Whatever it takes. And believe me: it will be enough. Prime Minister Mario Draghi, a man of his word and a central banker, knows its weight. The markets experienced this in 2012, when you say those words to save the euro. A week ago in the meeting between EU leaders focused on the European response to Covid and the vaccine emergency, Draghi said that companies that do not respect their commitments should not be excused. The statements were followed by the facts: Italy has blocked, with the EU green light, the export of 250,000 AstraZeneca vaccines destined for Australia, packaged in the Anagni plant. Now France could do the same thing, French Health Minister Olivier Veran said in an interview with Bfmtv: We are discussing closely with the Italians to have a European approach to this
Australia’s reaction was understanding: In Italy people die at the rate of 300 per day: so I can certainly understand the high level of anxiety in Italy and in many countries across Europe. I am in a situation of unbridled crisis. This is not the situation in Australia, Australian Prime Minister Scott Morrison said. But other members of the government did not hide some irritation. This is a demonstration of how well Australia continues to do compared to the desperation of other countries, replied the Australian Minister of Finance, Simon Birmingham, who also specified how he would have preferred that this decision by Italy had not been there. The world is in uncharted territory, and it is not surprising that some countries tear the rules when they find themselves in these conditions. Health Minister Greg Hunt explained that Canberra has asked the Commission to review the decision.
Ours is the first EU country to have stopped a stock of doses since the European Commission created the notification and authorization mechanism for the export of anti-Covid vaccines outside the Union at the end of January. The control measure was activated after the British-Swedish pharmaceutical company own AstraZeneca had communicated a 60% cut in doses destined for the EU in the first quarter compared to the contract, without reducing supplies to the United Kingdom. The attitude of the CEO Pascal Soriot had not been cooperative, the numerous meetings had been described by Brussels as unsatisfactory. Now the reduction in supplies has been contained to 25% but the shortfall is still weighing on the vaccination campaigns of European countries, Including Italy who relied heavily on the AstraZeneca vaccine.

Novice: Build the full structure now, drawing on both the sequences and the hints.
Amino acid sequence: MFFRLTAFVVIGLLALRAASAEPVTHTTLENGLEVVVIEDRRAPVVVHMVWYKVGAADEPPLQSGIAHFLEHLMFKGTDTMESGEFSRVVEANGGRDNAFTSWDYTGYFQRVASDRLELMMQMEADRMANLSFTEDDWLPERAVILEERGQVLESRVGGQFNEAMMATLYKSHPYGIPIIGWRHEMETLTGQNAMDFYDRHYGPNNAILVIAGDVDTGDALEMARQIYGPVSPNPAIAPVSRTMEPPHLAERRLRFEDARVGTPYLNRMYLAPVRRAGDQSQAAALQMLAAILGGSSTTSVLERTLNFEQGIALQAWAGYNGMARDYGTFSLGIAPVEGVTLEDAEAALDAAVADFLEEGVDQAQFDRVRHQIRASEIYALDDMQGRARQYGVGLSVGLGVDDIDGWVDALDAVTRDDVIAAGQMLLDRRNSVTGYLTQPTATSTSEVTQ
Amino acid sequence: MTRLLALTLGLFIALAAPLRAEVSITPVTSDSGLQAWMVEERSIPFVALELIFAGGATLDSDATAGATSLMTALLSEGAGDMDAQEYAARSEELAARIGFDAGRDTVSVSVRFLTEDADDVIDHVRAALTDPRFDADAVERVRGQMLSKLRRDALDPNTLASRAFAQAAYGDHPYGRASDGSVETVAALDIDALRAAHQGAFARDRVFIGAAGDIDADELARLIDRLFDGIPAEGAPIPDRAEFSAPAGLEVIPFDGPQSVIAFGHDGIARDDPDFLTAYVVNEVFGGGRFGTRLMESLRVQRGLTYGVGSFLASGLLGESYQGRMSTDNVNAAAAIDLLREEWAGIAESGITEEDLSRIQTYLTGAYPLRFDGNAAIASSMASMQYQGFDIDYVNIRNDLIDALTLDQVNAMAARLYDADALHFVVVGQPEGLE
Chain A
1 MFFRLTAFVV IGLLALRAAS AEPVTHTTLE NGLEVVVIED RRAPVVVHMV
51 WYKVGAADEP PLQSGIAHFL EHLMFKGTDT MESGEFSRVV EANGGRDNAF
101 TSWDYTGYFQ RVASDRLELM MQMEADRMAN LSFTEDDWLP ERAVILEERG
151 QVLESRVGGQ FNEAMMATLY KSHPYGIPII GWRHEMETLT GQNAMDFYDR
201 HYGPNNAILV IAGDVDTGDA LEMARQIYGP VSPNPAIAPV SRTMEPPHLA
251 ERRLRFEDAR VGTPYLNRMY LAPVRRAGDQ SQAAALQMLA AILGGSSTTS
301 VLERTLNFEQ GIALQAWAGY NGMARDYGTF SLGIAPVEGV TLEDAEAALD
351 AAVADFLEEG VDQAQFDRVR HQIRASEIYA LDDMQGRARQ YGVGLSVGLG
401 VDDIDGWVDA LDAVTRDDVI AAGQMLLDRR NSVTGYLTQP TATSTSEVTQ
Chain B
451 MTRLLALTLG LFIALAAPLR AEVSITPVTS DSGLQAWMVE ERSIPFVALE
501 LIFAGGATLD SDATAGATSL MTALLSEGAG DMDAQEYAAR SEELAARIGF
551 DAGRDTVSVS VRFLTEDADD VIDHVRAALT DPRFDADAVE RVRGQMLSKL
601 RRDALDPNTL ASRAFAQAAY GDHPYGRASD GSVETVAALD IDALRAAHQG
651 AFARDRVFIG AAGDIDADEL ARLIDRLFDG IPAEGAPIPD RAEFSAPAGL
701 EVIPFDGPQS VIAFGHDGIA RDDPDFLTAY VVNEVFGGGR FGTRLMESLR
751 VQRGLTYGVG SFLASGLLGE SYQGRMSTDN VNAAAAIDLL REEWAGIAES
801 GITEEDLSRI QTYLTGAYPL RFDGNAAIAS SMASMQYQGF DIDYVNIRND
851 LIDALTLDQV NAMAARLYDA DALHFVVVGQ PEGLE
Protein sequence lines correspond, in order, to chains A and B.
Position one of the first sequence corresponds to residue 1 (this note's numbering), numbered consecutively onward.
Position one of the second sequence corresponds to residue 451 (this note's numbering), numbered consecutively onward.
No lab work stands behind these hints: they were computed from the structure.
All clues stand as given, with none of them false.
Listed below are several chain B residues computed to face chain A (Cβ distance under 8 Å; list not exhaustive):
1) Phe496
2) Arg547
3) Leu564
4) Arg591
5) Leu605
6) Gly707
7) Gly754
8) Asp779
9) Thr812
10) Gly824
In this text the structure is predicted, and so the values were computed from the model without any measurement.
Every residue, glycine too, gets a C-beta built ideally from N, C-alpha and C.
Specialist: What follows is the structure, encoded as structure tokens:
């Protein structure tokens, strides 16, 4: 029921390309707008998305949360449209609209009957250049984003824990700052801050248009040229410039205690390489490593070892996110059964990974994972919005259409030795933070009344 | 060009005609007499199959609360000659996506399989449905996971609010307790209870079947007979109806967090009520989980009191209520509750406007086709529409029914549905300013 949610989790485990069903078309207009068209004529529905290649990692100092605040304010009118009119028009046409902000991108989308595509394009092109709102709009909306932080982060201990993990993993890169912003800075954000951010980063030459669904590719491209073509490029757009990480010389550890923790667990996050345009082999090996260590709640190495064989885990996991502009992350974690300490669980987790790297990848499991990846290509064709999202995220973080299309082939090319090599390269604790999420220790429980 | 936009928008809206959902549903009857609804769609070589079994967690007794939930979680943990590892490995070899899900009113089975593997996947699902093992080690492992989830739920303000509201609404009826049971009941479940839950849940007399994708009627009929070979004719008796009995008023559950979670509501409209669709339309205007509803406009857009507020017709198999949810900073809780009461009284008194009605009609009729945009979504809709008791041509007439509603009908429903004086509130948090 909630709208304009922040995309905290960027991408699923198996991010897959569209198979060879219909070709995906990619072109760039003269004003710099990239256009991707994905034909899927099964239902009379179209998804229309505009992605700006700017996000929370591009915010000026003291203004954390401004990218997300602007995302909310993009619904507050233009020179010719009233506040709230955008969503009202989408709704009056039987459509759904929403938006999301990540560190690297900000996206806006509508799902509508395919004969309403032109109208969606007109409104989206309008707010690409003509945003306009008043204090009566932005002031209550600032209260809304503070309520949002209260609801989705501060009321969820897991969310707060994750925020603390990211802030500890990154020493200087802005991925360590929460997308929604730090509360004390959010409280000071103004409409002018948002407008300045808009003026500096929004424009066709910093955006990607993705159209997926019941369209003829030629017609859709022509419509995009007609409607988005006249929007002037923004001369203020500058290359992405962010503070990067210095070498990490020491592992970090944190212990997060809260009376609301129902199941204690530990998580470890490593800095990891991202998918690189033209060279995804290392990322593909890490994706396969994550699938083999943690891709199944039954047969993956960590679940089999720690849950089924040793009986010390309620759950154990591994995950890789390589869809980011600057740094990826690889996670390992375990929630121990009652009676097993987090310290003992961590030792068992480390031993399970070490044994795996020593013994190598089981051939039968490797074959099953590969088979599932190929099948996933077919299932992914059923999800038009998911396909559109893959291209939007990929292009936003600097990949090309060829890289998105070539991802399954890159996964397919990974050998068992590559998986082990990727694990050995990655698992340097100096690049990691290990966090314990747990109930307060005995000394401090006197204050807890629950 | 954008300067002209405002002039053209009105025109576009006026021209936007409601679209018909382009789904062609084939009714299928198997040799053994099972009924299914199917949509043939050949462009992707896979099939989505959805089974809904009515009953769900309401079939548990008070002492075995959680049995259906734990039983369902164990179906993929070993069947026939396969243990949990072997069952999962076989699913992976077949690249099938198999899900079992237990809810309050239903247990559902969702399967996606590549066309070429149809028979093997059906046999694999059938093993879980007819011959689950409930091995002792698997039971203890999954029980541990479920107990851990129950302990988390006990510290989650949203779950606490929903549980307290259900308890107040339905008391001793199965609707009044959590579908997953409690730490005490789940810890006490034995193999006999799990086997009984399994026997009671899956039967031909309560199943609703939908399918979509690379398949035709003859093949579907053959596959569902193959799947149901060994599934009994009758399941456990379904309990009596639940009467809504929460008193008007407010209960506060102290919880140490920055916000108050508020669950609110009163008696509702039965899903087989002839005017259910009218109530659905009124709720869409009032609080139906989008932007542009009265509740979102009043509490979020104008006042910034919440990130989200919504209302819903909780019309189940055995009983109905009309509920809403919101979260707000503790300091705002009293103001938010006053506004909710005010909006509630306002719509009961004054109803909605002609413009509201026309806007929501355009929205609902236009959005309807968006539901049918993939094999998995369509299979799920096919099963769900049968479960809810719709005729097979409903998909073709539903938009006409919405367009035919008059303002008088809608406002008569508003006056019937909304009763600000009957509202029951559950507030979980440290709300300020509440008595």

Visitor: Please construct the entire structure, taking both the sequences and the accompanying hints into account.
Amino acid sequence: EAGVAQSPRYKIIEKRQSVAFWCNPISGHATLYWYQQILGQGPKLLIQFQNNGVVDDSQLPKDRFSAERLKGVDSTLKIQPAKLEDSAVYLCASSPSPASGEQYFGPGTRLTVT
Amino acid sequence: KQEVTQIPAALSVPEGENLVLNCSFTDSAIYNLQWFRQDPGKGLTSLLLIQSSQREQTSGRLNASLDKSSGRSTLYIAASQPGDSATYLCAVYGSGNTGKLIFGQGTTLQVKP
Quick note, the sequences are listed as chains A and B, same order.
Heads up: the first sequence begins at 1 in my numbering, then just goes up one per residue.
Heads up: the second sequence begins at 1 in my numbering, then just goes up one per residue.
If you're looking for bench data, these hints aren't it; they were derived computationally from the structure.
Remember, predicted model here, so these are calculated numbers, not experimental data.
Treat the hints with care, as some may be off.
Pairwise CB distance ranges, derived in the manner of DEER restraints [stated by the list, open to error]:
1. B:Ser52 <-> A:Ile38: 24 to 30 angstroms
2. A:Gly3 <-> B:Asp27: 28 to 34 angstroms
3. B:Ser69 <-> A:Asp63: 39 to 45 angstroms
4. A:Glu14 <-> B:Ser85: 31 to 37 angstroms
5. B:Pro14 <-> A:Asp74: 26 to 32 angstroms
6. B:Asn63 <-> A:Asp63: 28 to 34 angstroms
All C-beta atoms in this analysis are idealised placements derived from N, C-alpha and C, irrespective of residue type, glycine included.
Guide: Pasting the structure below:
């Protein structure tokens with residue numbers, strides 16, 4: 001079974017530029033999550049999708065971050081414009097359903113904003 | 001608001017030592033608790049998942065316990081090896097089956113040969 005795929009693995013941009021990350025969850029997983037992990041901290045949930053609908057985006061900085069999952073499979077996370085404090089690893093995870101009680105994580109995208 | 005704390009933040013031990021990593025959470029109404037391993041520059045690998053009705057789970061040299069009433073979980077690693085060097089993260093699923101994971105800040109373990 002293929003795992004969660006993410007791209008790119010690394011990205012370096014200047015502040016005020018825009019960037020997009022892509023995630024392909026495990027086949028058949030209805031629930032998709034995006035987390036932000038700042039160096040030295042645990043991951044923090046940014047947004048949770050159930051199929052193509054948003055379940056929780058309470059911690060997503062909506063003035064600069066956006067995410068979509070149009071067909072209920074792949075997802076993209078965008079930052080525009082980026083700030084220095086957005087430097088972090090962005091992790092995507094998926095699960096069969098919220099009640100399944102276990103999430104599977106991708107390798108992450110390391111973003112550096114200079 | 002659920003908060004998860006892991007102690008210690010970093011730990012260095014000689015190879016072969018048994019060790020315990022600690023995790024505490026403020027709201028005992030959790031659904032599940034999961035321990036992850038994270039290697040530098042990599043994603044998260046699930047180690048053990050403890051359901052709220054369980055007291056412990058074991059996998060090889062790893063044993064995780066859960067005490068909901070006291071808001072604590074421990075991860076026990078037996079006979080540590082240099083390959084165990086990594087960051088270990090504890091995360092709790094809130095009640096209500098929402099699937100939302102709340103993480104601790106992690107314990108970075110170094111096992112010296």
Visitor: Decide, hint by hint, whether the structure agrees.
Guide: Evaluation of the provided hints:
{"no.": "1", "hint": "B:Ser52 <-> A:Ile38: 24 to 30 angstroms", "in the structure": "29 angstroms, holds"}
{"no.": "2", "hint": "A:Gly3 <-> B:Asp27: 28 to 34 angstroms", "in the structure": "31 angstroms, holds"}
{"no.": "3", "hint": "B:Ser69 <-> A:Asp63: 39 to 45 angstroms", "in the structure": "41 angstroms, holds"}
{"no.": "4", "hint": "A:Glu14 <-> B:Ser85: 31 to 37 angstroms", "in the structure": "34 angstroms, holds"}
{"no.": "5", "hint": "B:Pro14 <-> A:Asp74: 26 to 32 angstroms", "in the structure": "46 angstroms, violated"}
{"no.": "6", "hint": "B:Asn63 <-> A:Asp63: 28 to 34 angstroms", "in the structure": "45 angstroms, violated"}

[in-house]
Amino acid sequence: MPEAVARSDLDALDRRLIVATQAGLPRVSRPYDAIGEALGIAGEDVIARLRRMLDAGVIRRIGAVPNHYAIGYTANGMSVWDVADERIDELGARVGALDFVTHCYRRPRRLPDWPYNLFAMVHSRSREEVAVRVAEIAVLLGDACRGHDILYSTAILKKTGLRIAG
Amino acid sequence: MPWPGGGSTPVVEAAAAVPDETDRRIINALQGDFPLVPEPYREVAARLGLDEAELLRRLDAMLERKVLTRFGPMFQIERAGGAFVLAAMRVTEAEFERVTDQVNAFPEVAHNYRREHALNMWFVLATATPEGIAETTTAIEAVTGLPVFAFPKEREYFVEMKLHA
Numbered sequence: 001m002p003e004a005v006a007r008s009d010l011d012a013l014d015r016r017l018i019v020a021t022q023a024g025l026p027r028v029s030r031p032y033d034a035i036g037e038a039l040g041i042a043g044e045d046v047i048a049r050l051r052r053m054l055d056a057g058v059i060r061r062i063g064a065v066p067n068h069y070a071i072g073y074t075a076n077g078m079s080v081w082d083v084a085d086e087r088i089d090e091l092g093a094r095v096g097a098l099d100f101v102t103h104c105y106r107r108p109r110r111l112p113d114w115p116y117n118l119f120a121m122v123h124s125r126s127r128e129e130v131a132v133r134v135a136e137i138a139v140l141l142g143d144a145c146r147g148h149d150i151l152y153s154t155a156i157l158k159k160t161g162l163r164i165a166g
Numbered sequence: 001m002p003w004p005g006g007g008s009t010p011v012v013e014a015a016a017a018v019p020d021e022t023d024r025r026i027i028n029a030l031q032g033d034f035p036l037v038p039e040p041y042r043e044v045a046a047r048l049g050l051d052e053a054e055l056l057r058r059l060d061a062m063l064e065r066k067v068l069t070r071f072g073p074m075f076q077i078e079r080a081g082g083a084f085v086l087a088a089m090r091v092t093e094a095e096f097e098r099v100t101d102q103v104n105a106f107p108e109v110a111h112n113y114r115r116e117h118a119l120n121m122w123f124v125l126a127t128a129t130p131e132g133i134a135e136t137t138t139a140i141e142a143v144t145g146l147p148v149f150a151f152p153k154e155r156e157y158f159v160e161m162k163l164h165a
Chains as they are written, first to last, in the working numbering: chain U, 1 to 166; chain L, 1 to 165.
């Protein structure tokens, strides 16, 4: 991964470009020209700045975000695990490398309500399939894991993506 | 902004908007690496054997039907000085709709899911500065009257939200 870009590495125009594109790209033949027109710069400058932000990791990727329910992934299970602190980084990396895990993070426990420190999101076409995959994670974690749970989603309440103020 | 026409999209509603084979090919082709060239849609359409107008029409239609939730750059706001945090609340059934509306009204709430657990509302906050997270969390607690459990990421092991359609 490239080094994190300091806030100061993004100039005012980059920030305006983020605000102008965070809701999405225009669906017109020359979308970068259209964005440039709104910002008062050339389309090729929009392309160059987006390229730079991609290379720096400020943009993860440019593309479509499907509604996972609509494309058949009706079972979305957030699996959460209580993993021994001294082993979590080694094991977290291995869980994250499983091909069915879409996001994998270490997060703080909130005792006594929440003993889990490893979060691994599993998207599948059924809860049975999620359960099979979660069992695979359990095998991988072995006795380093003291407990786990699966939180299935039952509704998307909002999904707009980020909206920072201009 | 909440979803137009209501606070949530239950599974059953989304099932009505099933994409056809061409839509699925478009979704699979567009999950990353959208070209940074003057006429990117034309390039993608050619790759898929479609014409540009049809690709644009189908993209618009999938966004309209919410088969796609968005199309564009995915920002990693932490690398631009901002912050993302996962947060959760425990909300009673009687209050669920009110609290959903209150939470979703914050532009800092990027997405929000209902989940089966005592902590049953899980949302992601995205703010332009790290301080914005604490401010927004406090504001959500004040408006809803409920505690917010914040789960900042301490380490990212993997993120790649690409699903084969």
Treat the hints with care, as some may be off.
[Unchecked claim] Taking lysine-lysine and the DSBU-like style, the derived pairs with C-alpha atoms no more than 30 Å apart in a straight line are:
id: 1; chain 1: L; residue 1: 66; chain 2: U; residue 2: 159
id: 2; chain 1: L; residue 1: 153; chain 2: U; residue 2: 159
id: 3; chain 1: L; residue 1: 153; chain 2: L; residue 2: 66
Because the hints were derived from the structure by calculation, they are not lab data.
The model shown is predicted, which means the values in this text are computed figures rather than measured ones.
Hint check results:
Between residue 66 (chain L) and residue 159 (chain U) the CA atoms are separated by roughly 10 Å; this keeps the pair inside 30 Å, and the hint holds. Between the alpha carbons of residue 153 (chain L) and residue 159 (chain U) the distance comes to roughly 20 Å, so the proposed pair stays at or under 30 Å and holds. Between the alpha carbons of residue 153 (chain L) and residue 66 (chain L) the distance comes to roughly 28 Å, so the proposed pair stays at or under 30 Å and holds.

Italy did nothing but apply the regulation of the EU mechanism and rejected the request for authorization because the recipient country, Australia, considered non-vulnerable; the shortage of vaccines remains in the EU and in Italy and delays by AstraZeneca persist; the stock to be exported consisted of a large number of doses compared to the quantity of vials delivered to Italy and the EU countries so far. The mechanism provides for the decision to be notified to Brussels, as the Member State is required to decide in accordance with the Commission’s opinion. It applies to the formula of silent consent. The Italian proposal was notified by the Farnesina to the Directorate General for Health last Friday, the second day of the video-summit of EU leaders, and received the green light on 2 March, the day AstraZeneca was informed.
It was not an easy choice diplomatically, even if Australia is not in an emergency. But Draghi’s intervention had received the support of French President Emmanuel Macron and beyond. All Member States are struggling with slow vaccinations. The government is working in collaboration with Brussels: not only the phone calls between Draghi and President Ursula von der Leyen, the Commissioner for Industry Thierry Breton was in Rome yesterday who met the Minister of Development Giancarlo Giorgetti to discuss the production of vaccines on the our territory. In the past, Italy had authorized the export of doses, but they were limited quantities. In recent weeks Canada and Japan had expressed to Brussels the concern of not being supplied, after the creation of the export authorization mechanism and the Commission had always said that the objective was to control, not to block. Perhaps this is why neither announcements nor comments have been seen on the Twitter accounts of the EU commissioners and the president. Von der Leyen tweeted the 14,400 doses delivered to Moldova by Covax, of which the EU is the largest contributor.
Meanwhile, the EMA started yesterday the rapid evaluation of the Russian Sputnik V vaccine and said it will evaluate the data as it becomes available to decide whether the benefits outweigh the risks. The review will continue until sufficient evidence is available for the authorization application. The audience of those who can be vaccinated with AstraZeneca is expanding: yesterday Germany authorized its use also on the over 65s. And Health Minister Roberto Speranza asked to evaluate the scientific data to verify the possibility of doing the same in Italy .
March 5, 2021 (change March 5, 2021 | 10:23)